A Venerable Heritage:
The Three Founding Hospitals
- FOUNDING HOSPITAL: The Central Dispensary Hospital, the oldest of the three founding members of Washington Hospital Center, opens in the District's Columbian Medical College Building at 10th and E Streets, NW, to treat the city's indigent. Two druggists donate $147 worth of drugs and the city antes up $278 in financial support. By 1880, an emergency department is added and the name changes to the Central Dispensary and Emergency Hospital, often shortened to simply Emergency. By 1928, the original two-room hospital expands to fill nine stories and 280 beds.
- FOUNDING HOSPITAL: The Garfield Memorial Hospital is founded to memorialize assassinated U.S. President James A. Garfield (1831-1881). Outfitted with the most modern equipment, Garfield quickly becomes a leader in surgery and X-ray treatment of cancer, as well as the care of those stricken by malaria and typhoid fever.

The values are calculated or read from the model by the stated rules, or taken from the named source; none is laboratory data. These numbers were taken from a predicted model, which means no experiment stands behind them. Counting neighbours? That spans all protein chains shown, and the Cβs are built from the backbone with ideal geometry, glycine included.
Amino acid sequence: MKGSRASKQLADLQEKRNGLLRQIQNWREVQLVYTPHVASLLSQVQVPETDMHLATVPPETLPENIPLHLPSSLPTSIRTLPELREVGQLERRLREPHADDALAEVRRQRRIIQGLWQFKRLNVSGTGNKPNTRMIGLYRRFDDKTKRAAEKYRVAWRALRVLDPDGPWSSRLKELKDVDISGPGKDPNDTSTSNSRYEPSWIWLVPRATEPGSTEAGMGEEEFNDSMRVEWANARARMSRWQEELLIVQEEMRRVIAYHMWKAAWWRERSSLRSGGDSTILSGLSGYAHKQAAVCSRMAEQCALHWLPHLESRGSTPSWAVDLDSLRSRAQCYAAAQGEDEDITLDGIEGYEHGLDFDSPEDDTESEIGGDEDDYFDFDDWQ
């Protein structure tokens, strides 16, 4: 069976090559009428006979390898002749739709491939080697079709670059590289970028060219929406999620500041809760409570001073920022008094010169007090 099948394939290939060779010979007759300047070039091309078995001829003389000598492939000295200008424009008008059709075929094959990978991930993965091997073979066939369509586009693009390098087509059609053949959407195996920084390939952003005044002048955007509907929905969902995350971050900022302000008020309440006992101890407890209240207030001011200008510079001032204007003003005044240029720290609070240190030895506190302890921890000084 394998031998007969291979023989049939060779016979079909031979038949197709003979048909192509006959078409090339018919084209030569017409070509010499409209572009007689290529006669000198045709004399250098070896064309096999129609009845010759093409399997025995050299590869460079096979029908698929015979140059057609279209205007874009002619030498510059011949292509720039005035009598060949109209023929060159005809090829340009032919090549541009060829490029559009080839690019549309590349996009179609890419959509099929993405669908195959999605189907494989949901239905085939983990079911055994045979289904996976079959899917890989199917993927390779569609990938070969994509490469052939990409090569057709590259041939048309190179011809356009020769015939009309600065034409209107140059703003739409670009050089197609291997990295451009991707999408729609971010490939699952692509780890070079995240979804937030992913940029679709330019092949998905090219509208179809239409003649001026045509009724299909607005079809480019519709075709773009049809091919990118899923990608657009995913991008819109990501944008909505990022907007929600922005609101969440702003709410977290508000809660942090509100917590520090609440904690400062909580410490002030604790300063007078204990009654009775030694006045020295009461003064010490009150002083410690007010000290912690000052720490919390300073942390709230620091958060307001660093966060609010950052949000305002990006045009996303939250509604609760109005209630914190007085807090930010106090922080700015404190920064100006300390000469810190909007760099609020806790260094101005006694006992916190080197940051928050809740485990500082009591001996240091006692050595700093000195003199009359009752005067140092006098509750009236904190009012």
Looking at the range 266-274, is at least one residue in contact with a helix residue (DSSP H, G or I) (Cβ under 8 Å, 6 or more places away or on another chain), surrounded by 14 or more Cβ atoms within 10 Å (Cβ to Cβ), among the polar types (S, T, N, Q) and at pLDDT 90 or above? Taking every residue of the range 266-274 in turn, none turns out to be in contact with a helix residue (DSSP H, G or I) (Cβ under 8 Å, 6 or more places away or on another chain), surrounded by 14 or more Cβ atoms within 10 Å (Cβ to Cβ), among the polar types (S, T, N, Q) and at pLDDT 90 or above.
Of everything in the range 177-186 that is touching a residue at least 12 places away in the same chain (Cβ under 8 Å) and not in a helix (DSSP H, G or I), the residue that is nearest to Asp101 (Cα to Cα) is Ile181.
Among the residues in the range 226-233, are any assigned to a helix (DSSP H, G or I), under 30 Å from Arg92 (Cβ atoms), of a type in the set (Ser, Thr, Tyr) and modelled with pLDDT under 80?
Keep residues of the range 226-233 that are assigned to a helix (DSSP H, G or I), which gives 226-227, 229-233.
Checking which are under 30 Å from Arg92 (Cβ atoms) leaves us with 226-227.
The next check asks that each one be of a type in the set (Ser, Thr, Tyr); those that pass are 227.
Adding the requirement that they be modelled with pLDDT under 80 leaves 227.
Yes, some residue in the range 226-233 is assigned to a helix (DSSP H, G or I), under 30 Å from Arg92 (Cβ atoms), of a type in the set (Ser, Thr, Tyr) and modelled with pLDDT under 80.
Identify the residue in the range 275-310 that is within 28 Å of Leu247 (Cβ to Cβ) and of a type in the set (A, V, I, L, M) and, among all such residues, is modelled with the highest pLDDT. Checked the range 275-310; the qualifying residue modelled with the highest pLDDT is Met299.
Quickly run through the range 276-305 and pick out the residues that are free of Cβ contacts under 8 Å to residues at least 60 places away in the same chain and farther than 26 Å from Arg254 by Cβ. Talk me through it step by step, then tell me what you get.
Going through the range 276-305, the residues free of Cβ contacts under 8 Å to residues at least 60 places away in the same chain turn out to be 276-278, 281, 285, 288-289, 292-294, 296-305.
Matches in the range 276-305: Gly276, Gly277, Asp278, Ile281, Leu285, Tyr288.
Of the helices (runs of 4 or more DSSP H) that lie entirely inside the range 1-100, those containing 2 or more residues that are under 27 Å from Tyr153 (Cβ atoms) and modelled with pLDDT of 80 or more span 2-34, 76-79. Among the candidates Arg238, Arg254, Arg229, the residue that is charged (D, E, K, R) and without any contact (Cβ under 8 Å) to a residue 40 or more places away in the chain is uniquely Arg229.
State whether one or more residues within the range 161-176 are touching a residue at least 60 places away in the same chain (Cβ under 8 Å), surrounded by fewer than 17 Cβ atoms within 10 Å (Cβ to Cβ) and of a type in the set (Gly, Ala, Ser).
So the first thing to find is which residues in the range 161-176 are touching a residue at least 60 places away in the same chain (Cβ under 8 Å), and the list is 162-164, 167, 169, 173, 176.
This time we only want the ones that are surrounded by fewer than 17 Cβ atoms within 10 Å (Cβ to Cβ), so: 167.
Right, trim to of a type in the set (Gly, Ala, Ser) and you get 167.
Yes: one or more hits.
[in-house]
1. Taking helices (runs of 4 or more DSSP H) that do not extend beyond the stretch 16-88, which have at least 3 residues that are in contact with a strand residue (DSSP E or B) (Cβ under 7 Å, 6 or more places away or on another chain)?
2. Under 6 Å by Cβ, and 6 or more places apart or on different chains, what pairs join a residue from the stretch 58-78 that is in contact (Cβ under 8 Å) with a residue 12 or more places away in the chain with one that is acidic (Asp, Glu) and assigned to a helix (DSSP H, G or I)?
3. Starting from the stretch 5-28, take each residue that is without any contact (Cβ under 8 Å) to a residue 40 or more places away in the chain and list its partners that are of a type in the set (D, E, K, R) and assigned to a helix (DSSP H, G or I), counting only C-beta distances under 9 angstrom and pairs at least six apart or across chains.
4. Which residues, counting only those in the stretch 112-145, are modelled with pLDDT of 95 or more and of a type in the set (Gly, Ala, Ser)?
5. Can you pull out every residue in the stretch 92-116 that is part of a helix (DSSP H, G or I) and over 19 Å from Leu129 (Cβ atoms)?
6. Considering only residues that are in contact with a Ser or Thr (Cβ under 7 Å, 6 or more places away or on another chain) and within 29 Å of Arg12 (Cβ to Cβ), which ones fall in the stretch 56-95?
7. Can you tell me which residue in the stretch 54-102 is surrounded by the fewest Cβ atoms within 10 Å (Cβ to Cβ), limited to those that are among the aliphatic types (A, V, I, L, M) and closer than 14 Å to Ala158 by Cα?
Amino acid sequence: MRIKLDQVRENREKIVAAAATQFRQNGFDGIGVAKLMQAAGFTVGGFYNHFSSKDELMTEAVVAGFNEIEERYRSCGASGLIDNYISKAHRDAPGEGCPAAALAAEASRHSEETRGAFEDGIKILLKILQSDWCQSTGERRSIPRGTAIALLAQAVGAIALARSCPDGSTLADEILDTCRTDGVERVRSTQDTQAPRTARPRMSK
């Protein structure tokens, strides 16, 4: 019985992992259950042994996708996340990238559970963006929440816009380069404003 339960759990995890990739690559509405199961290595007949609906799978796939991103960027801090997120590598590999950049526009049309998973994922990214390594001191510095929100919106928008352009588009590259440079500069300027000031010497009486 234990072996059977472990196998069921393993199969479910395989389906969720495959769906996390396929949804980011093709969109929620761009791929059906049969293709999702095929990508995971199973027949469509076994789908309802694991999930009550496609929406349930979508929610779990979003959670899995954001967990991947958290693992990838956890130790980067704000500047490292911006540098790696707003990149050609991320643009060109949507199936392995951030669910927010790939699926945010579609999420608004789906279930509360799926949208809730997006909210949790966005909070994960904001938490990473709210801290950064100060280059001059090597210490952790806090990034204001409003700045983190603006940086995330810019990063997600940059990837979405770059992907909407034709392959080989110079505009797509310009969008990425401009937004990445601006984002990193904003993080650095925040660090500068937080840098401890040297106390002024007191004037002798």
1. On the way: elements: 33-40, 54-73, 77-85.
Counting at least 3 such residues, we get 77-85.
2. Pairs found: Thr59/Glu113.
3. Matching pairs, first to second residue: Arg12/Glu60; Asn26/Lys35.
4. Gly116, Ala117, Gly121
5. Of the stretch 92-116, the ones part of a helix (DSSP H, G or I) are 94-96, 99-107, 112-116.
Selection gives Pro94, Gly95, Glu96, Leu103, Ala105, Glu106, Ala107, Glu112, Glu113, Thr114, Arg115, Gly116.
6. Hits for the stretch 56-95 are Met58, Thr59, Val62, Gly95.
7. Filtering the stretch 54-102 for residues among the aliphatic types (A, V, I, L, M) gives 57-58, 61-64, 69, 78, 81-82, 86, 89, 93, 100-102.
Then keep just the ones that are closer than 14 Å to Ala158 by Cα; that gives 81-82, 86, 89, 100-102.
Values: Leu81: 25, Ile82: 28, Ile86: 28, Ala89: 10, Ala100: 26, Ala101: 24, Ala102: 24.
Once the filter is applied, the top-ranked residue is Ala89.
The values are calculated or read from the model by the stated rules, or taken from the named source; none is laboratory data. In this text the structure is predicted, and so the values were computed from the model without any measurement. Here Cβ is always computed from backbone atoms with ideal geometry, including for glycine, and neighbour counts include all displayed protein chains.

- The Garfield School of Nursing is established under the direction of Sophia Palmer. Later, it becomes MedStar Washington Hospital Center's School of Nursing. In 1982, after 98 years of continuous operation, the school will close.
- FOUNDING HOSPITAL: Episcopal Ear, Eye and Throat Hospital opens its doors at 17th and L Streets, NW, in the District of Columbia. In its first year of operation, the 15-bed specialty hospital treats more than 1,200 patients and performs 220 surgeries.
In 1958, a trio of hospitals in the District of Columbia merged to create the largest private hospital in the nation's capital: Washington Hospital Center. All three medical facilities boasted roots reaching back to the previous century when Washington, D.C., was little more than a sleepy Southern town with fewer than 200,000 residents.
Today, MedStar Washington Hospital Center is an internationally renowned clinical, teaching and research facility that serves a metropolitan area of more than 5 million people and attracts patients and physicians from around the globe.